Hollie

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I think it's important to correct creationers who both don't understand and attempt to falsely attribute what Niles Eldredge and Stephen Jay Gould actually presented. Frequently. ID'iot creationers will claim that the theory of punctuated equilibrium was proposed by Eldredge and Gould to explain gaps in the fossil record. The fact is, the theory was proposed to explain the (relative) rarity of transitional fossils, not their total absence. They sought to explain why speciation happens relatively quickly in some cases, more gradually in other cases, and seemingly not at all during some time periods for some species.

"But paleontologists have discovered several superb examples of intermediary forms and sequences, more than enough to convince any fair-minded skeptic about the reality of life's physical genealogy." - Stephen Jay Gould, Natural History, May 1994
There's also the process of fossilization that needs to be considered ... that's by no means an automatic ... in fact, one could argue it's rare to occur ... only in very special circumstances will fossils form in the first place, and the species has to be fossilizable ... not all species can form fossils ...

Out of millions of species, only a very few can be shown to go through tiny steps of change through time ... BUT ... these few do fully demonstrate the ToE ... science is very nitpicky about duplication, but once we have duplication in hand, science says it's a real thing ...

But that's science ... Genesis is philosophy ... but definition the creation is unique, and science cannot examine unique events ...
I think the above is well stated and I agree. In addition to the unique description of Genesis, I would also add supernatural and the limitation of science with regard to examination of supernatural events.
 

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A word about chaos ... that's a mathematical structure with some usefulness in macroscopic systems ... looking at atoms and molecules though, things are pretty much set in stone, it's more useful to analysis the individual bonding energies and motion ... casting this microscopically as chaos has no predictive value, so it's pointless ...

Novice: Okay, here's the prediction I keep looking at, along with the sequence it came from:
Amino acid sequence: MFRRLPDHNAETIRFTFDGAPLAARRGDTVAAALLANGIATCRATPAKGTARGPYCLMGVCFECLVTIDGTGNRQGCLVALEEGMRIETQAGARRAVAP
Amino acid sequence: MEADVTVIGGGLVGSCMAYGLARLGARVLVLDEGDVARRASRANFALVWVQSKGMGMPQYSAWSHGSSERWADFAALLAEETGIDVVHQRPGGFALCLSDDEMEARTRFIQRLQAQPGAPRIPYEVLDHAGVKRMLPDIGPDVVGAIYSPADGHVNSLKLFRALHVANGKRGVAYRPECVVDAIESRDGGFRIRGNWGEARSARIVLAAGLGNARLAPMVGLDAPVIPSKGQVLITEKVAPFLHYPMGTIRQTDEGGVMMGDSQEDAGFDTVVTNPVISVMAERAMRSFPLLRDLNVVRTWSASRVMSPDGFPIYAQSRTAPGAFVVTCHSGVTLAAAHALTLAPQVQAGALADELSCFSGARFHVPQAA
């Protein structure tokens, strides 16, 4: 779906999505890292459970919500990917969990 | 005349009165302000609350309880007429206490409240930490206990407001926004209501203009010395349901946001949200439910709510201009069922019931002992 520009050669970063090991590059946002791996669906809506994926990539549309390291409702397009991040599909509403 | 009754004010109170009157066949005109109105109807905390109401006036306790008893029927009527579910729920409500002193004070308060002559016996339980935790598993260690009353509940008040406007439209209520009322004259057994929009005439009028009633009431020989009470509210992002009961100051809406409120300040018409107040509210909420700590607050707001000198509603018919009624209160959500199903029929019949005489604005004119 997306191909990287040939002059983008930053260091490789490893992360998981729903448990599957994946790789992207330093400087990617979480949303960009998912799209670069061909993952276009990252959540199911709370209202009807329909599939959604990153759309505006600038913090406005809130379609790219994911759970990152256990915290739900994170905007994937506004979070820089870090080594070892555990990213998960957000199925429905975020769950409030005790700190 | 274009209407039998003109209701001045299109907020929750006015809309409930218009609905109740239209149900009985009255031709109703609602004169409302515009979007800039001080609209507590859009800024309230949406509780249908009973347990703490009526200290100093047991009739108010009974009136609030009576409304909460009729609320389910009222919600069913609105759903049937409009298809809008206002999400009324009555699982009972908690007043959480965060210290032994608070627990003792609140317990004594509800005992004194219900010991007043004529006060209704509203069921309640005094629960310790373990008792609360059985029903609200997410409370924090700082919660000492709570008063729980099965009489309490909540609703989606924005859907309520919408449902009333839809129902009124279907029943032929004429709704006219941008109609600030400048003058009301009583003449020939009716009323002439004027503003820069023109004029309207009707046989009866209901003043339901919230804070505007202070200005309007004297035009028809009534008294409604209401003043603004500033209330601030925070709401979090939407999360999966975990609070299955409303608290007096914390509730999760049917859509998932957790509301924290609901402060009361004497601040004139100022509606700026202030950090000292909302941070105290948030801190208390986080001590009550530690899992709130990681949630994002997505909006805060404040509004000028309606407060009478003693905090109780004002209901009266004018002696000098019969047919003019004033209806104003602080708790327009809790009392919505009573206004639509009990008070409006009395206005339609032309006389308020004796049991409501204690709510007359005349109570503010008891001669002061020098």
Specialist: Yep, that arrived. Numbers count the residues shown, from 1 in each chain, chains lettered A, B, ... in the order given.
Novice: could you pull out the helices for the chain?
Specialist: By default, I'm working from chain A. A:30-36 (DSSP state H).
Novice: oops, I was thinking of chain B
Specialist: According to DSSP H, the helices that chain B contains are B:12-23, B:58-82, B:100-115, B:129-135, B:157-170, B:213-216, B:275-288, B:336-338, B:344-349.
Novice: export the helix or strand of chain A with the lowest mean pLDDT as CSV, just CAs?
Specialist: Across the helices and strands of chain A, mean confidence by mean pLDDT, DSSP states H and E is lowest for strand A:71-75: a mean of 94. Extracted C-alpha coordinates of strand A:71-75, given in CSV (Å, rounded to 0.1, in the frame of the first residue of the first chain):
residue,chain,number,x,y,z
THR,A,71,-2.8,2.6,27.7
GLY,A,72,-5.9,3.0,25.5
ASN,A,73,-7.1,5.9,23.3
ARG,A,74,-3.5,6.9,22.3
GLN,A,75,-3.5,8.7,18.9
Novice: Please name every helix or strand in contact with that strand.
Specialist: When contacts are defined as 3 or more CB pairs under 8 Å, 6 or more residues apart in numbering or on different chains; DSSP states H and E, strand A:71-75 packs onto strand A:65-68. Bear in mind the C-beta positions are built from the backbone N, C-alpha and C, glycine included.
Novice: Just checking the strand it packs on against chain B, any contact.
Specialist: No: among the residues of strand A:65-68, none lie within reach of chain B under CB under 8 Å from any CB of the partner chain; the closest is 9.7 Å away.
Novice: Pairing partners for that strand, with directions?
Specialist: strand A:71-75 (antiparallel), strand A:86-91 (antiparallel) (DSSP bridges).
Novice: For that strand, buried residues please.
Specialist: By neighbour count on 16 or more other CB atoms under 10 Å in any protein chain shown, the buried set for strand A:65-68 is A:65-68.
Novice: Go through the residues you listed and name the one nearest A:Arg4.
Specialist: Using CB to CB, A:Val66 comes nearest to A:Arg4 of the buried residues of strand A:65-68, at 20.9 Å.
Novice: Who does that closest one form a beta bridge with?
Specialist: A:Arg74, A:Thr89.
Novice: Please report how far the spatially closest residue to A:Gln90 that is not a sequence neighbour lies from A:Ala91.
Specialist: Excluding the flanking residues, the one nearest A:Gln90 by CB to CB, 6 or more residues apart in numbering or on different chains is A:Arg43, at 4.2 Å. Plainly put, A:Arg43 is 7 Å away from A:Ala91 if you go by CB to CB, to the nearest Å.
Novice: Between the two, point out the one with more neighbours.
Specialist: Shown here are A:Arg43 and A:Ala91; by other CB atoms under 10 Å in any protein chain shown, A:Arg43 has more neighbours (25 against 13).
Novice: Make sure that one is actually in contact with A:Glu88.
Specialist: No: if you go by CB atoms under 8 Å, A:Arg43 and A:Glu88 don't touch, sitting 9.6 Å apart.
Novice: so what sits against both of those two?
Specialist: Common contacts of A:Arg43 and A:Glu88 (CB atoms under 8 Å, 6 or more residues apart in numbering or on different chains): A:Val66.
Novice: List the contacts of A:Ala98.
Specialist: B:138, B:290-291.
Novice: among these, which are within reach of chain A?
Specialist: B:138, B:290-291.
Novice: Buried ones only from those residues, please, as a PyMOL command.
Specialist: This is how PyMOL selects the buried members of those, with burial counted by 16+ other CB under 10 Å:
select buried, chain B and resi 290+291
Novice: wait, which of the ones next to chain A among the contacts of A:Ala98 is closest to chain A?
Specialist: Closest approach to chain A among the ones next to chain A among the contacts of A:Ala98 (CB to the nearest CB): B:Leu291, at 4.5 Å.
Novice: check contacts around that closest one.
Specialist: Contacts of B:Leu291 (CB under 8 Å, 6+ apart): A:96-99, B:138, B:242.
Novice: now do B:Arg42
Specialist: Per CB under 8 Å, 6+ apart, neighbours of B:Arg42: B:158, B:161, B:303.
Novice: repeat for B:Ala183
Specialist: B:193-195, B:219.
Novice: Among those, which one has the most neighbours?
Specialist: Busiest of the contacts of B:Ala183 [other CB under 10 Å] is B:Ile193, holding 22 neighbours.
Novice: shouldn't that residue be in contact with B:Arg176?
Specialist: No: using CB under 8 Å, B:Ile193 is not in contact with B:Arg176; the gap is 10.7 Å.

There's a non-zero probability that two methane molecules will collide at just the right momentums that they form a chemical bond and become ethane ... ethane is stable, over time ethane builds up in the environment ... for more collisions, more molecules, bigger and bigger ... [shrugs shoulders] ... where common molecules are common, it's common for life to erupt ... not chaos, it's order, driven by solar energy ...
 

james bond

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Its just so odd to watch him cite scientists, then shit on their entire, life's work in the next breath. This is what "backwards think" does to the human brain. All integrity and honesty go right out the window, in a backwards think. In a backwards think, the conclusion is chosen first. Then all new information is argued to support the preconception. What does not matter to these frauds is that the arguments made regarding the new information actually be consistent with one another; they must only be consistent with the preconception.
The truth is the existence of life is an elementary fact, but it cannot be explained by evolutionists. It cannot be explained with evolutionary thinking and abiogenesis. One has to have the presence of life first before you can refer to your scientists such as Stephen Jay Gould and I'm fine with that. That said, the creation scientists and I do not have to agree with him that some mutation was a random and fortuitous occurrence for a single cell to pop into existence. No one can show something did or didn't happen in a billion years, but that's what the assumption is for scientific atheism.

I was the one who pointed out your backward evolutionary thinking first. Here is the explanation:

evolutionary_rationalism.jpg


It is based on rationalism. In my example, your scientists observed a flower and saw that it had design and so had to have an explanation of why that came to be. This is how you came up with the planets had to become spherical because you've already seen photos of them. Your rationalism makes you make up evolution to explain for the design of the flower or how it came to be pink. Thus, we get all the complex explanations and new terminology to make it sound like its actual knowledge or truth. What is this process of thinking called? It's called:

evolutionary_rationalism_b.jpg


Circular thinking. Or a logical fallacy. This is one of the most devious tricks upon the mind where one convinces themselves they are right.
 

james bond

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Genesis is philosophy ... but definition the creation is unique, and science cannot examine unique events ...
No, what is written in Genesis is creation science. It can be backed up by the scientific method. We know that God created adult animals first such as birds and sea creatures for Earth and Earth only.
 

Fort Fun Indiana

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The truth is the existence of life is an elementary fact, but it cannot be explained by evolutionists.
And the fact that life once did not exist is another elementary fact. Scientists can explain it. Abiogenesis occurred due to selection by physical forces working on a bunch of chemicals. Explained. No need for any Gods. But feel free to say this was God's plan, if you like. That doesn't intrude on anything.